Effect of activity states on habitat selection by black-tailed deer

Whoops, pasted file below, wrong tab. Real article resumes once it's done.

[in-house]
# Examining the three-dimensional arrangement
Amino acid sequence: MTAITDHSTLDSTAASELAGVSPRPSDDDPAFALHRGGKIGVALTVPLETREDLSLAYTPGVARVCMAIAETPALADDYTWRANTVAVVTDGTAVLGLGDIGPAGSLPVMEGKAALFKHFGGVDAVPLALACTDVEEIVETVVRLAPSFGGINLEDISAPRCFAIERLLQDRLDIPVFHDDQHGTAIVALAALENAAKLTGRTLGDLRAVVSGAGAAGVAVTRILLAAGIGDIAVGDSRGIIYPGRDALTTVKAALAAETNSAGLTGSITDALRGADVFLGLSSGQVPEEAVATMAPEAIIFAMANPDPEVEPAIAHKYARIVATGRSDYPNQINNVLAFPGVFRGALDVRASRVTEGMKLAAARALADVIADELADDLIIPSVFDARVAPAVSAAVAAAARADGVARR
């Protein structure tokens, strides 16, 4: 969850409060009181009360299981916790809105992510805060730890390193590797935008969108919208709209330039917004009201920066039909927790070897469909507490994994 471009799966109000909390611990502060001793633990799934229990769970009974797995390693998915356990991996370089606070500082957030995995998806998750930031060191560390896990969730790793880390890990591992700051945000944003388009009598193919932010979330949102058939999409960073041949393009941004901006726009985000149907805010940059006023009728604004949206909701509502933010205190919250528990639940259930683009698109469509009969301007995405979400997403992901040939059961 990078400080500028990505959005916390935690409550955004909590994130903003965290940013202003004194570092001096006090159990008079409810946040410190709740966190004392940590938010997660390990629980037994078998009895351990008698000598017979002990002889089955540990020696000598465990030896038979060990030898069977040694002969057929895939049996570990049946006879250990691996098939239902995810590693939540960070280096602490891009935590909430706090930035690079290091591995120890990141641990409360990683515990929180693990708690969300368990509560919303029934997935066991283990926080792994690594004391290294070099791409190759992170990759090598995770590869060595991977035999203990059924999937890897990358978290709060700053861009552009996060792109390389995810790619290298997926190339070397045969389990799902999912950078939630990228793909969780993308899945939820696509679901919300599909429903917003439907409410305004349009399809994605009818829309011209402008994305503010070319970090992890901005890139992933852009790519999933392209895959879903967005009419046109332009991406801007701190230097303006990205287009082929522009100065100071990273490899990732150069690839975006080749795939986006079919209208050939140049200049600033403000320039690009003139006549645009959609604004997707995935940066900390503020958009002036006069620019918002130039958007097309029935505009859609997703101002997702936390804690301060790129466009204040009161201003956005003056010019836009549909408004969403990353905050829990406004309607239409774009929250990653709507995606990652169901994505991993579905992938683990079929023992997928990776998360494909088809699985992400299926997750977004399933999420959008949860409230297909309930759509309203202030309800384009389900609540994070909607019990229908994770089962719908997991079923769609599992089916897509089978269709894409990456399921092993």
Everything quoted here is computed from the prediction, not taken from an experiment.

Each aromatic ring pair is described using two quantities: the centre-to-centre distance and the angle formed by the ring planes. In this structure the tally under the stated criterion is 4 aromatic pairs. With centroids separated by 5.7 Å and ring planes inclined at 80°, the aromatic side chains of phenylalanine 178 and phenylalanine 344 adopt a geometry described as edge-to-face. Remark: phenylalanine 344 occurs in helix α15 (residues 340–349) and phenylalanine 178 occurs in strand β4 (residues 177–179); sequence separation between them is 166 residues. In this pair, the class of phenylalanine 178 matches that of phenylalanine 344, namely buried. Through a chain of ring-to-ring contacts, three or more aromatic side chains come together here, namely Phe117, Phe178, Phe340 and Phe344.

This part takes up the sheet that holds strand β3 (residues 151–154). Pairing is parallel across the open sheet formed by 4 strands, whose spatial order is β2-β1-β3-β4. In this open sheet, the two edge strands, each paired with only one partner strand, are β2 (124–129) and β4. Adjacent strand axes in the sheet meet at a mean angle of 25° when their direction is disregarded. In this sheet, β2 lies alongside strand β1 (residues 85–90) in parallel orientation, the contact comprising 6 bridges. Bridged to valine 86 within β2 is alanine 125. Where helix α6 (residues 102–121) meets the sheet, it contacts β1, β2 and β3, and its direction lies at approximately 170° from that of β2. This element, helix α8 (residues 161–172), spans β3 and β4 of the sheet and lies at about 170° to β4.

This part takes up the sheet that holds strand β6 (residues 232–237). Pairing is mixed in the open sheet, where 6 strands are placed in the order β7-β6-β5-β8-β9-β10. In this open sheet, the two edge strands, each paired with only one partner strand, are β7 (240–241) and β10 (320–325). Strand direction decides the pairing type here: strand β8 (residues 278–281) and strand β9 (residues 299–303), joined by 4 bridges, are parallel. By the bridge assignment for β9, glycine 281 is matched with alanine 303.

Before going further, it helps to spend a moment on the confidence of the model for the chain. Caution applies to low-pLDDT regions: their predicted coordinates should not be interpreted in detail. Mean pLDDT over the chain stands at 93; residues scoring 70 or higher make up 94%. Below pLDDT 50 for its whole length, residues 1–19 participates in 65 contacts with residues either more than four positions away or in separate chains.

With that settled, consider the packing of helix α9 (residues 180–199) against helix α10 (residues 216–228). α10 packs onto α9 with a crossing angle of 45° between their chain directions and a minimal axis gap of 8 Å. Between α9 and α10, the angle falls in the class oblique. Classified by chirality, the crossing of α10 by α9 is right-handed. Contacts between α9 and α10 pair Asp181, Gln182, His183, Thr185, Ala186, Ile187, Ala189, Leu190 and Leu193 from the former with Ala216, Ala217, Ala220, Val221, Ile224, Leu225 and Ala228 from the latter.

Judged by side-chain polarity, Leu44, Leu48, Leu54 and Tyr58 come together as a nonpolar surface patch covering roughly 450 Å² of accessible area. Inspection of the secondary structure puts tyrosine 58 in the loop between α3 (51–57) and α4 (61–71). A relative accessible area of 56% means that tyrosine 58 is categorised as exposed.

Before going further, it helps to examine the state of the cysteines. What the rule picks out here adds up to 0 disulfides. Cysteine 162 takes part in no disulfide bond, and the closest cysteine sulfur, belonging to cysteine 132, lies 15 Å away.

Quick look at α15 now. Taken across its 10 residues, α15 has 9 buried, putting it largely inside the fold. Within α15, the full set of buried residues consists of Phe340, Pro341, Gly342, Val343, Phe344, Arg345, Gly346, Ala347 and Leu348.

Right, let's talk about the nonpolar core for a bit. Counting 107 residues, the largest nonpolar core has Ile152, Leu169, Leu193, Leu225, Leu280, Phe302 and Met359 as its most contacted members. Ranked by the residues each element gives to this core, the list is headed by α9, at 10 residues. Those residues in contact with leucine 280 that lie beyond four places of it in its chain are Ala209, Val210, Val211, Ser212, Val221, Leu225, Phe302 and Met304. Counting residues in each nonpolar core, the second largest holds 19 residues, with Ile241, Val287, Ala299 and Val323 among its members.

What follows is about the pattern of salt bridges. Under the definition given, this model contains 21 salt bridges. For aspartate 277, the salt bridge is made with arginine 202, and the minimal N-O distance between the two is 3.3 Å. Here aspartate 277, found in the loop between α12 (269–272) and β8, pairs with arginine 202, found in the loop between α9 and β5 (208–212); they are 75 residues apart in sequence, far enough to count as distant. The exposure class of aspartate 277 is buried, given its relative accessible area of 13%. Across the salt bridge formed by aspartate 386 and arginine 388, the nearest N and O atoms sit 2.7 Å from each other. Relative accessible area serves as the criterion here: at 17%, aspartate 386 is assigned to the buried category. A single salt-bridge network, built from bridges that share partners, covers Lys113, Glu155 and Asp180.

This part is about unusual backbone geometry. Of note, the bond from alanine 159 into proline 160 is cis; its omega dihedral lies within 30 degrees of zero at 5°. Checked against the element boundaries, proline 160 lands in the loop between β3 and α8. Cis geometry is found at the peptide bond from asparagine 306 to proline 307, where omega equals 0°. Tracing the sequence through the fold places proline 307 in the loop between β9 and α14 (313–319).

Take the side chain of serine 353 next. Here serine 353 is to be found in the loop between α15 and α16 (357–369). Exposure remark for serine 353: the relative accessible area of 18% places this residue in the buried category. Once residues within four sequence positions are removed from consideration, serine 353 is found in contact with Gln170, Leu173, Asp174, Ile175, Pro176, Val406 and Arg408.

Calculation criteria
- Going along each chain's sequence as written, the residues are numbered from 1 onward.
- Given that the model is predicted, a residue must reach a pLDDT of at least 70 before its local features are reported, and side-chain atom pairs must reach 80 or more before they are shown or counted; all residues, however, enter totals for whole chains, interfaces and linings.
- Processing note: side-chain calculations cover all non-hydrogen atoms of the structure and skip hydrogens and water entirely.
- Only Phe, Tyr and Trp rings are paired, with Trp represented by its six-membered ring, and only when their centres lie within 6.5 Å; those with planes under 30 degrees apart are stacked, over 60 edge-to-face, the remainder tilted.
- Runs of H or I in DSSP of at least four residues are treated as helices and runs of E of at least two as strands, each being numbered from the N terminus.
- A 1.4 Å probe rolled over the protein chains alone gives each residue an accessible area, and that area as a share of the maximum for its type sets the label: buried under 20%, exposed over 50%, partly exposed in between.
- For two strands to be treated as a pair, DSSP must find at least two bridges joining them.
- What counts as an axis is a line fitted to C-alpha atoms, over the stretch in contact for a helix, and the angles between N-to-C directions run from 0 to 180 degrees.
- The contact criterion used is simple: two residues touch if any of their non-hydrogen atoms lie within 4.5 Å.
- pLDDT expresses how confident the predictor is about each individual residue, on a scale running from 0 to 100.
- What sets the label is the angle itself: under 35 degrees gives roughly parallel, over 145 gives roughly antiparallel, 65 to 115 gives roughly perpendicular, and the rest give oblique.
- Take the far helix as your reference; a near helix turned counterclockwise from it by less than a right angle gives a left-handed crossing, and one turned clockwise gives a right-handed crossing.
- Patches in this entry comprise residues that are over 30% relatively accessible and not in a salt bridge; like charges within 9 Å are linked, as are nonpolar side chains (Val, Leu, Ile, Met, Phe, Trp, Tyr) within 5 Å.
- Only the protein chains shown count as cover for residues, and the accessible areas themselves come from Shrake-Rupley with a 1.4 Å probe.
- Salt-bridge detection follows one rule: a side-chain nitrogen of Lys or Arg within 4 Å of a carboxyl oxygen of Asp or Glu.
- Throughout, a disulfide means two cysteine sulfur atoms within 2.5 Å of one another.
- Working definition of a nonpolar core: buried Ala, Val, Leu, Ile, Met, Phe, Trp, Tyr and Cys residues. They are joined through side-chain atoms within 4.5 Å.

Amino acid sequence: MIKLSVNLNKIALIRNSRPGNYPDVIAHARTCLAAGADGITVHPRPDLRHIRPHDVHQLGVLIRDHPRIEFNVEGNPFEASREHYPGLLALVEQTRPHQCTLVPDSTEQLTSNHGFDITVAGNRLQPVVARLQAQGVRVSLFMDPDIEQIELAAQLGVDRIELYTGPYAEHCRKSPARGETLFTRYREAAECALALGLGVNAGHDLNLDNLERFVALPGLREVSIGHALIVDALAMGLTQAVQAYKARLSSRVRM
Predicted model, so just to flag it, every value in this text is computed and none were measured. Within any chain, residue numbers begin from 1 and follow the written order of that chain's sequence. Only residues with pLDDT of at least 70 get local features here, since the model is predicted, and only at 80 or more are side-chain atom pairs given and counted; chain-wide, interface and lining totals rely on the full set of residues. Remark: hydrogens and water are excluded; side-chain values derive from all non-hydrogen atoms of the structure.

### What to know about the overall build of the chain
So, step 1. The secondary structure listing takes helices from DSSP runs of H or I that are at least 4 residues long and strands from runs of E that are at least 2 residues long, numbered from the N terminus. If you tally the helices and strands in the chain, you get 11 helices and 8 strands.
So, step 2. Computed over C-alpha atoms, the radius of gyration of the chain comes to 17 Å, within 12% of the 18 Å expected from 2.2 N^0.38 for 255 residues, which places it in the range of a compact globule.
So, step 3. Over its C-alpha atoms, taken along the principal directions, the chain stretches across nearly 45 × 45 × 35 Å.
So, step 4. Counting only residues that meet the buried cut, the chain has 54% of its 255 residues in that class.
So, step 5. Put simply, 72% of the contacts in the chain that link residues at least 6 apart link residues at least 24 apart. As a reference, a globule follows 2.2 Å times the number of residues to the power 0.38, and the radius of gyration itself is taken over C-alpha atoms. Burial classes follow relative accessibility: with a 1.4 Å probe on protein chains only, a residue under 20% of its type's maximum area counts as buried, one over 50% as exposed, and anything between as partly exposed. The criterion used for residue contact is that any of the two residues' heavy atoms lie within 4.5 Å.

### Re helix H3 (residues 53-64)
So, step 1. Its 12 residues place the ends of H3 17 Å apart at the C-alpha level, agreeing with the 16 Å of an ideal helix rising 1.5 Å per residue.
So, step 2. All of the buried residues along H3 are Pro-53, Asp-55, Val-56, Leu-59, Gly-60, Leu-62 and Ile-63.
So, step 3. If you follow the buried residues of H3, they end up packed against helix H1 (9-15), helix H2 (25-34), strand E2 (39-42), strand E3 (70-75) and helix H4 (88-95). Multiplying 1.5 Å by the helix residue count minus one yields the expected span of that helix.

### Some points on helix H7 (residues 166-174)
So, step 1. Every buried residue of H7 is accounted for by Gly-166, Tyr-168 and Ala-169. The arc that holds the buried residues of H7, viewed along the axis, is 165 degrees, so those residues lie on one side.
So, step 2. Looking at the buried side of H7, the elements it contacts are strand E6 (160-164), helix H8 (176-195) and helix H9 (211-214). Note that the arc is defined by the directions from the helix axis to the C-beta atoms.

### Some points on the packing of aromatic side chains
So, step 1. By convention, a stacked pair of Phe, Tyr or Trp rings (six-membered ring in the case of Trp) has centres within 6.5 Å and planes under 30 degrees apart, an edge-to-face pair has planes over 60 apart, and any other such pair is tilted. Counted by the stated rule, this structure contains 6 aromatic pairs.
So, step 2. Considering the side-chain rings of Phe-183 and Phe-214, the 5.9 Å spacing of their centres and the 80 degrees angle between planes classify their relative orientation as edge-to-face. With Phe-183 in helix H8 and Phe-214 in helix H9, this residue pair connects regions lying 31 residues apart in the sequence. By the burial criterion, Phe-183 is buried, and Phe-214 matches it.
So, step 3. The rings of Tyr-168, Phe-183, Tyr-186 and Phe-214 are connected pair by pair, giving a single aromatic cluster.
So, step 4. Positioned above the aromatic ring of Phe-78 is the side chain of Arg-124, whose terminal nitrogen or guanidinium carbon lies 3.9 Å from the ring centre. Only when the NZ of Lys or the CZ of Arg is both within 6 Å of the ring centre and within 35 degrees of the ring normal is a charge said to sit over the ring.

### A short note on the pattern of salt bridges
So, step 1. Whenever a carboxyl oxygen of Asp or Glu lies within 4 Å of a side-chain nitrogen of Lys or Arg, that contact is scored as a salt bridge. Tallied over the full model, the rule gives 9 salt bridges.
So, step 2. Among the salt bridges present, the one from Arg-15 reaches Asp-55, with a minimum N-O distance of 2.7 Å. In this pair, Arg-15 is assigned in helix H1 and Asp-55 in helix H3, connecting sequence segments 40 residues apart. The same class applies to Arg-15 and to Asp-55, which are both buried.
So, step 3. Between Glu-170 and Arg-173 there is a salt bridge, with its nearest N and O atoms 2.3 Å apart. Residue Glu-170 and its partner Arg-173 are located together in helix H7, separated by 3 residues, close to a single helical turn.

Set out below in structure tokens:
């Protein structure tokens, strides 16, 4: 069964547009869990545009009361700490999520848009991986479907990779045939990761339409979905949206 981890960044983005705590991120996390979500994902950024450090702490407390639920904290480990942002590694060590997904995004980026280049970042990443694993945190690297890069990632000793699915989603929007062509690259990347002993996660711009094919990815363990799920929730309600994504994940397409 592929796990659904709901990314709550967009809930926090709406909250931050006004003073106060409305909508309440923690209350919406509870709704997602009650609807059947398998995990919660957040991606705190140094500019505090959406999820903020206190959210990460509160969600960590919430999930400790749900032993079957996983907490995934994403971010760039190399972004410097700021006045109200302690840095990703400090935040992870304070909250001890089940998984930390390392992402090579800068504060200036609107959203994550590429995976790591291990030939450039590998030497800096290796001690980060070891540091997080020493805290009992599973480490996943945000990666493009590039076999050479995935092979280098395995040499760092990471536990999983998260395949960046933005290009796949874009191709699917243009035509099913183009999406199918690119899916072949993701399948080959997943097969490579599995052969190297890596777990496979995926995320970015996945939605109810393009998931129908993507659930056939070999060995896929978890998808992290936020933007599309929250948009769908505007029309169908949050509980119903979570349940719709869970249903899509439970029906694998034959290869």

© The Wildlife Society, 2018 Habitat selection is a complex hierarchical process and in ungulates typically varies at broad spatial and temporal scales and among individuals. Recent advancements in the ability of global positioning system (GPS)-collars to collect activity data provide opportunities to understand underlying mechanisms or trade-offs responsible for fine-scale variation in habitat selection. Based on data from 64 female black-tailed deer (Odocoileus hemionus columbianus) fitted with GPS-collars in northern California, USA, between 2004 and 2013, we first investigated habitat selection at the home range scale. We then used data from a subset of 27 individuals to determine if habitat selection within home ranges was influenced by activity states (active or inactive). Habitat selection by black-tailed deer varied between summer and winter and was mostly explained by differences in elevation, terrain, and vegetation. Within their home ranges, black-tailed deer showed fine-scale selection for habitats that varied with activity states. In summer, selection for edge density and forest types varied across activity states highlighting important fine-scale selection patterns. Activity state also affected our conclusions about the selection of habitats including slope, canopy cover, and forest types by black-tailed deer in winter. During both seasons, deer selected for apparently secure habitat when inactive, likely to minimize risk of predation. These results highlight the importance of considering activity states when evaluating habitat selection from animal location data. This is particularly important in multi-use landscapes such as national forests where habitat needs of ungulates are important considerations in management decisions, including timber harvest. © 2018 The Wildlife Society.